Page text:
How ridiculous is this situation. Eskom does not want to purchase renewable electricity as it does not know where the money is coming from to pay for it (source of funds). Surely the source of funds would be the entity to whom Eskom onsells the energy. This could be a farmer or a municipality, for example. The capital outlay is essentially the IPP’s responsibility, hence they need to cover their capital cost.

Let me guess. In ANC Cookuckland the price Eskom will pay is more than the price they can sell it- hence their reluctance to engage in such things. The shareholders of these IPP thus line their pockets at the expense of the electricity consumer and/or the taxpayer.

Antoinette let me say it is now time to do your job properly. We are not interested in the value of the investment, what butthurt IPP wannabees think or who is doing what in the cabinet after Zumamadering has taken place. What we want to know is what prices the IPPs are offering their energy, where they will be situated, what capital costs will be incurred to connect them to the grid, what Eskom is prepared to pay, what Eskom can do on its own and if the whole caboodle makes a modicum of financial sense by presenting a cost benefit analysis.

Capital is scarce in SA – we would not want to waste it on something with a negative NPV.

Now go for it.

Capital for these projects is coming from private investors who are happy with the returns, if returns were negative then no one would fund them.

The only thing that matters to us as the public is what is the tariff. Your request to know what capital costs are does make much sense because you say you don’t care about investment value? Those two are inherently interlinked.

I’m surprised you are not interested in the value of investment, you previously said you have some sort of qualification in economics. Investment into any industry in SA is what we need, firstly to grow GDP which leads to higher tax revenues for social projects and less unemployment. Anyone with a basic knowledge of the economy should understand the value of long term capital investment into a country, especially if that is foreign capital.

From what I have seen, the tariff for new projects is around the R0.60-R0.70/kWh mark. That is less than what we pay for electricity so I can’t see how Eskom can be making a loss. In the previous rounds my understanding is NERSA built in a increase for Eskom tariffs to pay for those projects, hence we have already taken the hit for setting up the industry and now are stalling on getting the benefit of lower tariffs? I am only going on what I have read in the media, not sure how accurate that data is but its all I can go on.

Eskom, based on recent experience, has shown that it can do nothing on it’s own and it has a aging coal fleet that will require heavy capital investment to maintain, never mind the cost of complying with emission laws to be introduced. If the plan is to build according to current depressed energy demand then the first thing we should shut down is the gigawatts of nuclear they want to build.

I’d also be interested to understand what % renewables are of our entire generation capacity. My understanding is that it is quite a small amount of <5%, such a small % can't be driving above inflation increases overall surely?

I think the last thing we should be doing is chasing away IPP's or anyone who is wanting to bring skills, manufacturing and long term capital into the country. Especially if the tariffs are as cheap as has been mentioned.

Negative. The return in investment is the issue of the suppliers of the capital and is peripheral to my argument. It is their business. “The only thing that matters to the public is the tariff”. Your words. How correct is your statement? Very correct, I think. Everyone has an agenda. Everyone has a bias. My agenda is exposing statism and economic distortions. When someone holds a gun against my head and forces me to buy electricity at an elevated cost, I have a right to know why and by how much.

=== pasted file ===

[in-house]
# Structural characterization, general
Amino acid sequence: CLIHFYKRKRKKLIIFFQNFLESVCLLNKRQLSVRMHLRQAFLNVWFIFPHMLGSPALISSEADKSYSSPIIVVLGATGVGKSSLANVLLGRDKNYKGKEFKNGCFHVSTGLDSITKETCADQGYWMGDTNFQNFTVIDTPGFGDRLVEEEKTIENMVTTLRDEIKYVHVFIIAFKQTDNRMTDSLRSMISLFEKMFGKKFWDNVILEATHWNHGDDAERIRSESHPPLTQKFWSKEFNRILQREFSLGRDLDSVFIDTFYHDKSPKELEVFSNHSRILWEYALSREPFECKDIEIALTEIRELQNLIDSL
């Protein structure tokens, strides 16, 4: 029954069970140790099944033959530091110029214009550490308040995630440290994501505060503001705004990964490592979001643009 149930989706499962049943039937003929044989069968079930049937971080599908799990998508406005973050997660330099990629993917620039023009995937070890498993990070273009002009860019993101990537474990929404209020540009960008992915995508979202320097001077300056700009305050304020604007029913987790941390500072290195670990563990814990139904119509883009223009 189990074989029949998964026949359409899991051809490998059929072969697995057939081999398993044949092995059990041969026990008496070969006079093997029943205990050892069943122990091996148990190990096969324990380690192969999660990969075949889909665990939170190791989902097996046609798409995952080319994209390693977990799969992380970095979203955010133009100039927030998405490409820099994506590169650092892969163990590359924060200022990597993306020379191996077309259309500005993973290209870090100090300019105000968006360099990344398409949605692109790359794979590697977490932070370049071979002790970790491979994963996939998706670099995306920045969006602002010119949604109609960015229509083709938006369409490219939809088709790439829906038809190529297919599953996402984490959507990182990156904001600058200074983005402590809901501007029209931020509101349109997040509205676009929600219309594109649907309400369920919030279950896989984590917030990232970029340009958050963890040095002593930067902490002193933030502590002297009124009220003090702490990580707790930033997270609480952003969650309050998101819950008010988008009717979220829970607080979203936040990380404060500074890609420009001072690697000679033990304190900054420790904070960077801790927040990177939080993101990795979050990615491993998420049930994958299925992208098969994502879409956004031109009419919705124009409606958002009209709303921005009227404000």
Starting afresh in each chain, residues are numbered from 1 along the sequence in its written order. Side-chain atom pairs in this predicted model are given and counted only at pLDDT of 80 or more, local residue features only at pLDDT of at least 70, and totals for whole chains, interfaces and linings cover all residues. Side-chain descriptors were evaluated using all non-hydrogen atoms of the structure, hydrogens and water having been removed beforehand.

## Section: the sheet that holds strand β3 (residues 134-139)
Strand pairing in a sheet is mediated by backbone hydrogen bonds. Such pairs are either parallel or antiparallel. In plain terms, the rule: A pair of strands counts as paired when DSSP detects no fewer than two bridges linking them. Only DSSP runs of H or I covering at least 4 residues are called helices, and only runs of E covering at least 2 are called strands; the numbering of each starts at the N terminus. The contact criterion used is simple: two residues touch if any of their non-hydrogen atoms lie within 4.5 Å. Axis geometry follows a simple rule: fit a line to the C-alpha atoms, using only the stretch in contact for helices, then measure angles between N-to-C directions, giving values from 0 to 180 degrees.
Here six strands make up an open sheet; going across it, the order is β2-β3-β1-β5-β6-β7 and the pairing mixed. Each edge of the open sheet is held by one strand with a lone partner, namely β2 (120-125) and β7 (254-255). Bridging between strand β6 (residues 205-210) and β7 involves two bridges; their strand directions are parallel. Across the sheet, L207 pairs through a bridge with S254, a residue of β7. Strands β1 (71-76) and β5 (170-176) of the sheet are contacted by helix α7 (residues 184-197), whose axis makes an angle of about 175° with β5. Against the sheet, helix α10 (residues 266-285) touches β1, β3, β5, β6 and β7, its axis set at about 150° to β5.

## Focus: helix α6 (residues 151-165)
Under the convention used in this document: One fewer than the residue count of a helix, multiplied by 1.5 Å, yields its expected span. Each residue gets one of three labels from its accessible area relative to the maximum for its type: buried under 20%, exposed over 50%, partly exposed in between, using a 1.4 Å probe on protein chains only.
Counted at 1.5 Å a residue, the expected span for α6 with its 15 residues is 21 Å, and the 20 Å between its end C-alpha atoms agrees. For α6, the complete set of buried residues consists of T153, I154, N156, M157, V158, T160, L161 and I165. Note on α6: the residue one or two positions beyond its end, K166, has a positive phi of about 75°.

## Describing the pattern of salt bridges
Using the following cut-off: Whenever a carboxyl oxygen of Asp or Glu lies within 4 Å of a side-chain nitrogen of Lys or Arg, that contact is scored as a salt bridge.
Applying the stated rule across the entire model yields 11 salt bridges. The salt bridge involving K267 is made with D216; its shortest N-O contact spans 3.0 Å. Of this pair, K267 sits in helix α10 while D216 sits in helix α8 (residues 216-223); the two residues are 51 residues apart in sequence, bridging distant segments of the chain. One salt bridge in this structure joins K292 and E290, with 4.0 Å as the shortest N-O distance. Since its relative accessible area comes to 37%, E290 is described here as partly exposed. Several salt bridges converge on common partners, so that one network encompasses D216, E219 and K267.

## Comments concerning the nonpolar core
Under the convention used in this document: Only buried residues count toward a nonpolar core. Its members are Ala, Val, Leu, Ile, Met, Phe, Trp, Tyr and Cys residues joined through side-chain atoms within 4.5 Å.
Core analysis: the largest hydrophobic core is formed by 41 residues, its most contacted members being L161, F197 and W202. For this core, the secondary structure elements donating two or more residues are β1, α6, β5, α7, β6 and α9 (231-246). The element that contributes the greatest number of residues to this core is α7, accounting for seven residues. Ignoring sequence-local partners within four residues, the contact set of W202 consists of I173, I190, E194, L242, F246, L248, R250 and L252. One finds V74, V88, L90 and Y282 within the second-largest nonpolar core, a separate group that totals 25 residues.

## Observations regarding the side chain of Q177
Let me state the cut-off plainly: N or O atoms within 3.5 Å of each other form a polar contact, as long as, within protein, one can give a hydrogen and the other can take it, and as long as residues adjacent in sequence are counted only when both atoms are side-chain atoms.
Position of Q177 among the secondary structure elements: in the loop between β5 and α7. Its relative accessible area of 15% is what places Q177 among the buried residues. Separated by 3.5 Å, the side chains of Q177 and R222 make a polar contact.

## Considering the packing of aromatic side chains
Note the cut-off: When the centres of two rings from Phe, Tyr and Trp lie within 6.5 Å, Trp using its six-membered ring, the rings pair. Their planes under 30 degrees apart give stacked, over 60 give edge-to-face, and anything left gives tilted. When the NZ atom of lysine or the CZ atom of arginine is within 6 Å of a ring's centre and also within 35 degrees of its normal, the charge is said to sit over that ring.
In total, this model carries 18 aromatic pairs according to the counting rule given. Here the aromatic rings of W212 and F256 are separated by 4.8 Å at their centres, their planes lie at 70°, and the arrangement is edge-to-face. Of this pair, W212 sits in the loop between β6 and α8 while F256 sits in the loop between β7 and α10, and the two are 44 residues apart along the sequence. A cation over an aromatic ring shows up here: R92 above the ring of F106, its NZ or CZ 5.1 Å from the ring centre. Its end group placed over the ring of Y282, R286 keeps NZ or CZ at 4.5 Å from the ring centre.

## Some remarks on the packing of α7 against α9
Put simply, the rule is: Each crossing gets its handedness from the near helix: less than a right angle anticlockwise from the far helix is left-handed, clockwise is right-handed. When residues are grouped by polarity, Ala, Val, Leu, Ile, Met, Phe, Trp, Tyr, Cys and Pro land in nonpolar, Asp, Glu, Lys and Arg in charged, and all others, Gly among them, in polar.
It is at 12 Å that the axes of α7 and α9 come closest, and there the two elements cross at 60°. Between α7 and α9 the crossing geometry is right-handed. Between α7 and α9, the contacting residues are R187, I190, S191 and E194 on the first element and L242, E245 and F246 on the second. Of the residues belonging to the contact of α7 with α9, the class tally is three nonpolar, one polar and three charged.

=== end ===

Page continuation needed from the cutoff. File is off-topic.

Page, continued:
Economic distortions arise very easily when you have a small group of big potential gainers who benefit from a larger group of small potential losers. EU farm subsidies/ import tariffs are a case in point. A small number of farmers gain massively at the expense of the population who all pay extra for food to keep these inefficient sub economic farmers in business. Contrary to what many idiots (PCE) on this site think, I am not against renewable power, only the lies, false benefits, agendas, economic distortions and hype that is used to promote it.

The fact is we simply don’t have the figures, they are not forthcoming and investigative journalists such as Antoinette are not doing their job seeking them out. Instead they bleat on about peripheral issues of less consequence.

As I have said before: the only way one can supply electricity to the masses at an affordable price is to let the market sort it out. Break up Eskom and allow competition. All the renewable power proponents are shouting the odds about affordability and low costs, so let’s have the figures. Let’s have the business case for Eskom to buy their electricity. Let us see how the price of electricity for the consumer will be lower over the long term by taking this route rather than other routes. Lower energy prices mean lower taxes which mean better economic growth.

Is everyone left in SA incapable of raising a business case or even a logical argument?

Eskom’s arguments:
(1) Generation capacity is more than what it’s currently selling
(2) Large running costs
(3) Job losses with less coal usage
(4) Nuclear will cost less per kWH than other methods

Of course the above points can be debated……..

There’s no way Eskom will settle for renewable unless they are forced to (by whom…..?)

I think Eskom is going to have to close down older coal plants in any case or spend a fair chunk on refurbing them.

I think renewables is a very small % of Eskoms total capacity and whether there is renewables or not is not going to really impact how many plants they shut down I don’t think.

There is also the pollution element, these older coal plants will not meet emission standards unless they spend huge capex, it does therefore make sense to shut them down and switch to newer plants.

If Eskom has a surplus, then why chase nuclear? How does the cost of renewables projects compare to the cost of nuclear? Anyone able to figure that out? What happens to the nuclear waste material and where is it stored in the long term – are these costs taken into account? All very confusing to the man in the street while having to listen to the competing lobby groups. Who is really independent?

Well then sign private power supply agreements with businesses that allows them from “cutting” with eskom, most have property and big roof space for the IPP equipment. Give us the opportunity to disconnect, please in doing so there’s even less money for corruption in soe’s

I smell a Russian.

End of comments.